Module Details

SC557-7-SP-CO: Critical Perspectives On Terrorism And Counter-Terrorism

Year: 2017/18
Department: Sociology
Essex credit: 20
ECTS credit: 10
Available to Study Abroad / Exchange Students: Yes
Full Year Module Available to Study Abroad / Exchange Students for a Single Term: No
Outside Option: No

Supervisor: Professor Peter Fussey
Teaching Staff: Prof Pete Fussey
Contact details: Michele Hall, Graduate Administrator, Tel: 01206 873051 Email:

Module is taught during the following terms
Autumn Spring Summer

Module Description

Since 9/11 there has been unprecedented interest in terrorism across political, media and academic discourses. Indeed, regarding the latter, in 2008 The Guardian reported a 23-fold increase in academic articles citing 'terrorism' since 2001. Despite this proliferation of research, analysis and commentary, a number of interconnected problems persist in the study and understanding of terrorism. An axiom in this debate is the notion that the definition of 'terrorism' is highly contested. Often, this is articulated by the simplistic notion of the terrorism versus freedom fighter cliche, which, although this does much to highlight the moral relativism of terrorist action, is close to conceptually useless. This is due to a number of reasons. First, as Weinberg (2005:2) correctly argues, the maxim 'simply confus(es) the goal of terrorism with the activity'. What does this have to say about essentially guerrilla groups that occasionally adopt terrorist tactics, such as the LTTE, for example? Moreover, the terrorist/freedom fighter opposition does little to highlight the diversity of terrorist activity, which is often tied to specific action and thus whether they are deemed justifiable. It fails to grasp the nuances and complexity of 'just causes' that lie beyond mere moral relativism and, crucially the internal complexities and changes in strategies and activities during the evolution of terrorist campaigns. Finally, this relative approach to the definition of terrorism does not account for the role of the state as a terrorist actor. This latter concern has led to the 'emergence' of critical terrorism studies which positions itself against what they perceive to be the orthodox standpoint of much mainstream scholarship on the issue. In particular, critical terrorism scholars point to the state, rather than dissident groups being the principle source of insecurity.

Starting with debates surrounding the definition and discourse of terrorism, this module examines the both the enduring themes and contemporary debates relating to the conceptualisation, commission and control of terrorism. In doing so the module is structured over three main areas of enquiry:


1. Defining and Conceptualising Terrorism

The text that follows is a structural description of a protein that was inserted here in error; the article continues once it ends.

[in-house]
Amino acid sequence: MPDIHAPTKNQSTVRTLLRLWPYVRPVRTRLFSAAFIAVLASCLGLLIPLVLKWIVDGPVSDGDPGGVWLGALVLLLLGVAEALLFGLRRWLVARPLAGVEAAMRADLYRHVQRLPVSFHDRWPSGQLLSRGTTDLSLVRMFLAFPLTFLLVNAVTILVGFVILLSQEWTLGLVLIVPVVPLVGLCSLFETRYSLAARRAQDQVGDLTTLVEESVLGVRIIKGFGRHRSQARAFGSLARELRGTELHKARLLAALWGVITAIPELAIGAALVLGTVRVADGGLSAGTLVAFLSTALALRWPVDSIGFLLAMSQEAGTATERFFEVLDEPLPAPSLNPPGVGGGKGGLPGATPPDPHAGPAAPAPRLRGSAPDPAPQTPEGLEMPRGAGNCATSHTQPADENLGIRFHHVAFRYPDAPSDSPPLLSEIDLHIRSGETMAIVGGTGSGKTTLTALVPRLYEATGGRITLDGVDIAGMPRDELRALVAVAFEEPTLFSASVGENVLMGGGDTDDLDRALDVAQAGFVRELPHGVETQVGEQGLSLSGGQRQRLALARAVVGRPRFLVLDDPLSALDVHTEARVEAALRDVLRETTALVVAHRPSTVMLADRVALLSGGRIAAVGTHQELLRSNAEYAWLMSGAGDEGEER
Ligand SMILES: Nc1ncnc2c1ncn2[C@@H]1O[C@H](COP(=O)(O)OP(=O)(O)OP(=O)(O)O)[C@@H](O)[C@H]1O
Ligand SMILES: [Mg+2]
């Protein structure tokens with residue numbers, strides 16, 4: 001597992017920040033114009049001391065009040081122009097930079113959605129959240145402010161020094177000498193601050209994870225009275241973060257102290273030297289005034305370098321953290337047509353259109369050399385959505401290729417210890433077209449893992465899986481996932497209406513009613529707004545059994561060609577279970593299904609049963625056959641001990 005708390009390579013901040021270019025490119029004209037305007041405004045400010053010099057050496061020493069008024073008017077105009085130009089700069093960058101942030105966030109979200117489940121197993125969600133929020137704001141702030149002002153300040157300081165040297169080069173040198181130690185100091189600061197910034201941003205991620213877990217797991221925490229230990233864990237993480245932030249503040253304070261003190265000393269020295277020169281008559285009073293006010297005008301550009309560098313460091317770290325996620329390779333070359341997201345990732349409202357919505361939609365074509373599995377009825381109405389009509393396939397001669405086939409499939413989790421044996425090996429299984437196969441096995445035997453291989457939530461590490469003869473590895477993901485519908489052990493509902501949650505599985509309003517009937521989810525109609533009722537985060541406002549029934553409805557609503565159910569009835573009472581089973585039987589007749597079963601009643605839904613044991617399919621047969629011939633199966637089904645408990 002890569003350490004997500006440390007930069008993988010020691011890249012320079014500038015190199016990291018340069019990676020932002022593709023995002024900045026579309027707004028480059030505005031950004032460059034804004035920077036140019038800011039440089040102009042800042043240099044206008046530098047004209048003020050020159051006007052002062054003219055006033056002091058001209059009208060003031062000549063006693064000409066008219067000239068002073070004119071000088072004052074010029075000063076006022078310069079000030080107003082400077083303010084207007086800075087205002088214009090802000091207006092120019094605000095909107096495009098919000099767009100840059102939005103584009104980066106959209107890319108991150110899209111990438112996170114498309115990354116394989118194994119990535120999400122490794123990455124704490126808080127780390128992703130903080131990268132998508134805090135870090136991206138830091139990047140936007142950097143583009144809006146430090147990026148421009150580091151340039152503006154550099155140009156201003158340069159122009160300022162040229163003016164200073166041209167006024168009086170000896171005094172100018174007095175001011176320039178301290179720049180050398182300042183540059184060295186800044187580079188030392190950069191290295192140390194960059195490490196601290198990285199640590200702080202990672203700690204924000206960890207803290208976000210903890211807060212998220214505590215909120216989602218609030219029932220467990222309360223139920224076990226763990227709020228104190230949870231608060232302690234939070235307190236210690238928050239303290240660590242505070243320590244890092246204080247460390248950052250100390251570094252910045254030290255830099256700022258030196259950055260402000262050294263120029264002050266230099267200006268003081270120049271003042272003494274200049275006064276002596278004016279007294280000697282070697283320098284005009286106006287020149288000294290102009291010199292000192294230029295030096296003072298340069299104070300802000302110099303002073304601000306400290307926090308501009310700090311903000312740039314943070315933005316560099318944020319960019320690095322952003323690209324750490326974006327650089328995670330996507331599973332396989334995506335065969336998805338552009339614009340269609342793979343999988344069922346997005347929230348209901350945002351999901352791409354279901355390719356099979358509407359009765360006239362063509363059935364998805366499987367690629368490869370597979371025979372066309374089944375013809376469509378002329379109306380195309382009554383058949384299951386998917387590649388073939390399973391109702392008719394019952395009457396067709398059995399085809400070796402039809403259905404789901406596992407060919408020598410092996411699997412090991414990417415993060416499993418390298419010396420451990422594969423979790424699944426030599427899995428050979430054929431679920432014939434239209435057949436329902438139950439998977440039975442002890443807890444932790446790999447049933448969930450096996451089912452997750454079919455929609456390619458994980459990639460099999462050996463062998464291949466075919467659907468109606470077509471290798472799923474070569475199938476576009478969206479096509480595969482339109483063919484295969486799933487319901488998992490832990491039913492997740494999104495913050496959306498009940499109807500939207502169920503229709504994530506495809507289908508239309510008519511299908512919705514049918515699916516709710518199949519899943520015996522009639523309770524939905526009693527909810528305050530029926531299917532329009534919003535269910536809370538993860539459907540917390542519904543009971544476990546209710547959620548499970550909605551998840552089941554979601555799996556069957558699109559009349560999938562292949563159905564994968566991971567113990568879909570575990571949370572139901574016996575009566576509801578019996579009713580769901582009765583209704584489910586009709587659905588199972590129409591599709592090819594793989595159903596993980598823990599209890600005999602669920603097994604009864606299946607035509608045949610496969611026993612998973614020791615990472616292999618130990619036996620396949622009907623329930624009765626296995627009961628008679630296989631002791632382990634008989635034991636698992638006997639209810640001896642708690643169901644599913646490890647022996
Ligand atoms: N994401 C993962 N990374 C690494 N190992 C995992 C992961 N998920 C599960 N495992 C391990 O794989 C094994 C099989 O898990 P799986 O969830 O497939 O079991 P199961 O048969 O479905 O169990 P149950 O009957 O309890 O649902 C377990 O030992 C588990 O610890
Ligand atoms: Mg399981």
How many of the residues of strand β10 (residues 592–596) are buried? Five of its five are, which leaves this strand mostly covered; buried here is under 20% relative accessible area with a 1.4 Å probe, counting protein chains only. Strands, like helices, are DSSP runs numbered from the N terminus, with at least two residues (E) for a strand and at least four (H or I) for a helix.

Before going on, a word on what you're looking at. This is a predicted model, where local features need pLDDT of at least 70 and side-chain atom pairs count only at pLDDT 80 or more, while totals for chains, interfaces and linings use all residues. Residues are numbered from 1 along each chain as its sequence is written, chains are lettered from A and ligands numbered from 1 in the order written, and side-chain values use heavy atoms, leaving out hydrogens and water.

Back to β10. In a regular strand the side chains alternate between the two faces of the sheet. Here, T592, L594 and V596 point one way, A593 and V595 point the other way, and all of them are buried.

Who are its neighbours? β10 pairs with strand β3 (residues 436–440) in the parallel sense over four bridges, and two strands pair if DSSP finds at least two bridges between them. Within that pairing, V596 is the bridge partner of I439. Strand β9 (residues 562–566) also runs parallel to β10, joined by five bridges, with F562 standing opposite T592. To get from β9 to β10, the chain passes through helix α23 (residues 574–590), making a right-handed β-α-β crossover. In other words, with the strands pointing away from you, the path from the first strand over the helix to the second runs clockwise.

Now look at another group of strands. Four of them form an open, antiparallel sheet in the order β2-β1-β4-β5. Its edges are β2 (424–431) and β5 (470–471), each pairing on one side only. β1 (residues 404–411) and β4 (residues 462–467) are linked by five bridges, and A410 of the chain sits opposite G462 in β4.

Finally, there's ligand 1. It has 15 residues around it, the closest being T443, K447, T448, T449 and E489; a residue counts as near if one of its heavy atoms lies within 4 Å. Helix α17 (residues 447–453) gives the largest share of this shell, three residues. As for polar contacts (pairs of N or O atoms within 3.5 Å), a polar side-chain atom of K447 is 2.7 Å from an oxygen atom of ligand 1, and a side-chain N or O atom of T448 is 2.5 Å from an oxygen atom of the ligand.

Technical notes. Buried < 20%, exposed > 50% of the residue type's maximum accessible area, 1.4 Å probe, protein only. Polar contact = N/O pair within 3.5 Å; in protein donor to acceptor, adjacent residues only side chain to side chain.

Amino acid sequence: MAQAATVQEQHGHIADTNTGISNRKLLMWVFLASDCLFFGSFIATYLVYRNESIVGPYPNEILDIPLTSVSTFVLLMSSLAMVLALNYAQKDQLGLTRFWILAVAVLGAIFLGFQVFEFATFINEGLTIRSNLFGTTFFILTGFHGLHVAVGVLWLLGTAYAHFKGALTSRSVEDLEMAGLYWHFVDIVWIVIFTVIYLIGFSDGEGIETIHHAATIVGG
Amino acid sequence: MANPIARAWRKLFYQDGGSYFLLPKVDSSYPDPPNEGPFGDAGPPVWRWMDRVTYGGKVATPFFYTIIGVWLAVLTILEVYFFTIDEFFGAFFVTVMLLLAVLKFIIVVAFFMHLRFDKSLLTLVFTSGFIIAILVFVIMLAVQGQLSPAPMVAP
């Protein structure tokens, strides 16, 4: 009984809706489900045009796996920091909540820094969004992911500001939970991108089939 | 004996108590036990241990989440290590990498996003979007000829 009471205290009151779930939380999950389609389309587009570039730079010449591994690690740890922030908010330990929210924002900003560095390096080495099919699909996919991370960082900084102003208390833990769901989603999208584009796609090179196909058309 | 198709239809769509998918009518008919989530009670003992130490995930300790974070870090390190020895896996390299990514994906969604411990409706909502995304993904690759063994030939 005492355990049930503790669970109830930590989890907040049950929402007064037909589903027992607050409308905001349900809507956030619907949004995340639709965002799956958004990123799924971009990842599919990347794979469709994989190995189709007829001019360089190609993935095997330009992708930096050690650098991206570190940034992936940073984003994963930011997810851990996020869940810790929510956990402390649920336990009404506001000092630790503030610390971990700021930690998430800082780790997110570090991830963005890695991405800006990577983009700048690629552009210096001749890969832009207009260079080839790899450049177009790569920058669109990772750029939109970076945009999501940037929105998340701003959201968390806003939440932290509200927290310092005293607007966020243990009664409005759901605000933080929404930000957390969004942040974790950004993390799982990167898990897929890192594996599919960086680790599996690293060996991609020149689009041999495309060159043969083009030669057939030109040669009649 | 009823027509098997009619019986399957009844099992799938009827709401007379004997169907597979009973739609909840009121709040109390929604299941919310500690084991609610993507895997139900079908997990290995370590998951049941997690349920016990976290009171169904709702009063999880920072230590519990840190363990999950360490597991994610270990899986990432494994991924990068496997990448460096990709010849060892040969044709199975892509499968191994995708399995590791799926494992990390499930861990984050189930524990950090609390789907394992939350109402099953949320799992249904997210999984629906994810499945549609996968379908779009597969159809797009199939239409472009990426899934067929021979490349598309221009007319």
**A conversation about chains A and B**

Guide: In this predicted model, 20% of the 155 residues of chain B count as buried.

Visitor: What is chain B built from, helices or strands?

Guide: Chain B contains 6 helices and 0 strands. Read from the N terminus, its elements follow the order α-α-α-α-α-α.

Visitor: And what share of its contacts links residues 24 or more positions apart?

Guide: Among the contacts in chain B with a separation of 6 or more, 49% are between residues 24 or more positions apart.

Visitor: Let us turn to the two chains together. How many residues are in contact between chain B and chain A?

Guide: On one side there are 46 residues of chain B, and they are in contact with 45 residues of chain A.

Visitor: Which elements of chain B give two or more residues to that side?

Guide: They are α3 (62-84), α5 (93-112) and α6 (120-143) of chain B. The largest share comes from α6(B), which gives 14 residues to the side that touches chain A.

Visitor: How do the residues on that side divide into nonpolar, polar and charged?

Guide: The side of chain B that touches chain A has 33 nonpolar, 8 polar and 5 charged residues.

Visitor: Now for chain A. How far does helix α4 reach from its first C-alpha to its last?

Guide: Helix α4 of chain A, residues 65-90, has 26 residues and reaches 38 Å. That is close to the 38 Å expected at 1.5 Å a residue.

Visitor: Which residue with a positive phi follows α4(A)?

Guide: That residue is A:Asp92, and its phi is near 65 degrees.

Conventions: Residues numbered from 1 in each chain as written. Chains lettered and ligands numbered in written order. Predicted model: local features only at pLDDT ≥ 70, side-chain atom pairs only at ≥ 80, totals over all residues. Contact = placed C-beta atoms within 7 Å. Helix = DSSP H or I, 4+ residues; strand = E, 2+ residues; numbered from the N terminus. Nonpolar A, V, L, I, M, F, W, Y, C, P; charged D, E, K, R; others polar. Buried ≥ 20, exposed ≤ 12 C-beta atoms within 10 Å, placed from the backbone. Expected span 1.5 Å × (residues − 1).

2. Perspectives on Terrorism


3. Political Ideology and Terrorism
4. Animal Rights Extremism
5. Religious extremism: Al Qaeda, violent Islamism and suicide missions


6. Surveillance
7. The war on terror, state crime, and human rights (
8. Policing terrorism, communities and legitimacy
9. Law

Learning and Teaching Methods

Weekly two-hour workshop sessions


100 per cent Coursework Mark


1 essay 5,000 words


  • Hoffman, B (2006) Inside Terrorism, New York: Columbia University Press
  • Vertigans, S. (2011) Sociology of Terrorism: People, Places and Processes, London: Routledge
  • Silke, A. (ed.) (2003) Terrorists, Victims and Society: Psychological Perspectives on Terrorism and its Consequences, Chichester: Wiley.
  • Silke, A. (Ed.). (2004). Research on Terrorism: Trends, Achievements and Failures. London: Frank Cass.
  • Griset P And Mahan, S (2006) Terrorism In Perspective, London: Sage
  • D. Gambetta (ed.) (2005) Making Sense of Suicide Missions, Oxford University Press
  • Richards, A., Fussey, P., and Silke, A. (2010) Terrorism and the Olympics, London: Routledge
  • Innes, M. and Thiel, D. (2008) 'Policing Terror', in T. Newburn (ed) The Handbook of Policing, Second edition. Cullompton: Willan.
  • Fussey, P. (2010) 'An economy of choice? Terrorist decision-making and criminological rational choice theories reconsidered', Security Journal vol. 23
  • Fussey, P. (2007) 'Observing Potentiality in the Global City: Surveillance and Counterterrorism in London', in International Criminal Justice Review, vol.17(3) pp.171-192
  • Martin G, (2009) Understanding Terrorism: Challenges, Perspectives, And Issues London: Sage
  • Fussey, P. (2013) 'Contested Topologies of UK Counter-Terrorist Surveillance: The Rise and Fall of Project Champion' Critical Studies on Terrorism. vol 6(3): 351-370

Further information